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12 Of The Ugliest Things You Can Have In Your Home Are Any In Yours
There's ironic ugly—think intentionally tacky Christmas sweaters—and then there's ugly ugly. We're not sure where unlovely designs come from and why they inspire a collective cringe, but sadly, they often end up inside your home.
Sometimes awful objects are cleverly disguised as gifts from well-meaning friends. Other times ick is inherited from a taste-challenged aunt. Or quite possibly, a certain brand of ugliness came with the home when you bought it in the form of fixtures. Whatever the case, you might have grown so used to an unpleasant object around your house that it seems, if not beautiful, at least tolerable—but trust us, it isn't.
To help you identify (and, we hope, purge) the awful artifacts in your home, we've put together this helpful list of the ugliest things you might actually own.
People love their pets so much they sometimes grab paints and take up a brush to capture their animal's lovable personality on canvas, some of which now hang at the Museum of Bad Art. Alas, these pet owners overlook just one tiny thing—they have no artistic talent. It's best to chuck those bad paintings and take a nice photograph that'll do your pet justice. (If you insist.)
That singing Big Mouth Billy Bass above the fireplace and the joke-telling Rodney Dangerfield figure in the den? These battery-operated plastic novelties might seem like a great way to bring a laugh into a home, but their tinny wisecracks are bound to get old fast, like, 5 minutes after they go up on your wall.
Dolls are sweet and lovely in the hands of children. But when they sit—unplayed with—on chairs or stare out from beds, just collecting dust, they are frightening.
Yes, exercise machines are meant to be utilitarian and functional. That doesn't mean that some workout equipment found in the home isn't exceptionally hideous. Luckily, since most in-home gyms are rarely used, the unsightliness is usually hidden by exercise equipment's real use: a place to hang clothes.
Hard rock vases
Yes, you read that right, hard rock vases. Because nothing says "bang your head" like a vessel meant to lovingly display nature's colorful bounty—be it a cowboy boot emblazoned with the AC/DC band logo or a tall vase proudly rocking the Kiss band name. What type of flowers do these vases hold? Probably black, or dead, roses.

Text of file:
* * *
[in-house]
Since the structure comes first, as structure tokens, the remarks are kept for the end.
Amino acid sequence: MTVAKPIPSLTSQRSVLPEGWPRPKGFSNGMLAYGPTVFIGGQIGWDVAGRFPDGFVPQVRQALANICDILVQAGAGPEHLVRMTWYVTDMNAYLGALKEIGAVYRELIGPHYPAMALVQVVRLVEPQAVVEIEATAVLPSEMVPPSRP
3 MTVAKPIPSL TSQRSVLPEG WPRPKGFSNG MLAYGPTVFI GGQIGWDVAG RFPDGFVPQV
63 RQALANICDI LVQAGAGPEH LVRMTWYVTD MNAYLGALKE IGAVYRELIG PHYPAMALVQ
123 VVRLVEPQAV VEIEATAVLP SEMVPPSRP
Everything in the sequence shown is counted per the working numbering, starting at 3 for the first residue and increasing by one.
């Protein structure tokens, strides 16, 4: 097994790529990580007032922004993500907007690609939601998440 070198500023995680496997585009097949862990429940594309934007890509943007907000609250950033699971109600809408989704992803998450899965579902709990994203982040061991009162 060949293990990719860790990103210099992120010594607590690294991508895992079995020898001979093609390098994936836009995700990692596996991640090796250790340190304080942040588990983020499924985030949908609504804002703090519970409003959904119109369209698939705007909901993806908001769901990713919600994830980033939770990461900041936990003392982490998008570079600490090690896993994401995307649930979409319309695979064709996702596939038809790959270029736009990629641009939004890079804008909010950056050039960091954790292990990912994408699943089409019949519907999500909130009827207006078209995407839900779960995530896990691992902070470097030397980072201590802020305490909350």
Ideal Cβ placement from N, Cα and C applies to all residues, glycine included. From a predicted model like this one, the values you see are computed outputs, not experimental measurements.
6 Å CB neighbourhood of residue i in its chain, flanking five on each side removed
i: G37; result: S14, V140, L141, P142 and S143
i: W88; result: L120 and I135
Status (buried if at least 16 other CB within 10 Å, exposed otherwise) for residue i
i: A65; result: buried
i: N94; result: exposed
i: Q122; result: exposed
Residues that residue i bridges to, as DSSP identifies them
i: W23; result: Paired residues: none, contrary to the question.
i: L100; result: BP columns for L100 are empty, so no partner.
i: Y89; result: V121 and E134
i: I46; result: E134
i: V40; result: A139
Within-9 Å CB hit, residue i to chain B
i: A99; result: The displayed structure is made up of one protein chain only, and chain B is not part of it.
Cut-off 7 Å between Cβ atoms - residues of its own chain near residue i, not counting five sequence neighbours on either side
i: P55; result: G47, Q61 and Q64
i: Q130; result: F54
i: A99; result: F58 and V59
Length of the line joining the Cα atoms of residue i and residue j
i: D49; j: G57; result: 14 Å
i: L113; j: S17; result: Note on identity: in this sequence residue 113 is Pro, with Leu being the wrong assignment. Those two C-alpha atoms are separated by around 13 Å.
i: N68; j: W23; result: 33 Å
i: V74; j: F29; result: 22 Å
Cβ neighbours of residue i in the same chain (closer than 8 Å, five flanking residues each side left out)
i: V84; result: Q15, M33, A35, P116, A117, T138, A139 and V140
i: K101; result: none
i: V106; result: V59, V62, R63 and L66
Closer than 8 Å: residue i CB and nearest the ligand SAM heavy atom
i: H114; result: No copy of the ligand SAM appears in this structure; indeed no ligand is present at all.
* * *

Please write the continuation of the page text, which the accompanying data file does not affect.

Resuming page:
Complicated toilet seats
Go ahead, renovate your bathroom. Add some plush towels and maybe a colorful bathmat. But swapping out your tasteful toilet seat for one that is designed with faux gold and diamonds, purple leopard print, or an absolutely weird mess of kittens? No. Toilet seats should be functional. There are better ways—and places—to make a statement about your personality.
Despite the fact that no magazine called Decorating With Clowns exists, there are an awful lot of clown-inspired items for the home: figurines, portraits, and even inflatable models. And as was made painfully clear by Stephen King stories and an annual Halloween-inspired clown panic, clowns freak people out—present company included.
Call it what you will, a furbelow or a frill. But the gathering of cloth for no apparent reason is not just fussy, it can also be downright blech. These ruffles usually appear above windows in dreadful fabrics—a sad sight to see while doing the dishes.
Itchy throw blankets
The worst offenders in the ugly blanket department are the crocheted variety that come in colorful squares and zigzags.
Drop ceiling fluorescent lighting
Grid-style lighting is among the worst of 1980s decor, and it's stuck around almost 40 years now. But it's time to put a stake through the heart of this cumbersome box that hangs from the ceiling emitting unflattering light.
Paula figurines took the '70s by storm. A precursor to today's texts and emojis, each one had a cute, expressive character and a funny saying engraved on the base. There is just one problem—they aren't at all cute or funny.
Margaret Heidenry is a writer living in Brooklyn, NY. Her work has appeared in The New York Times Magazine, Vanity Fair, and Boston Magazine.
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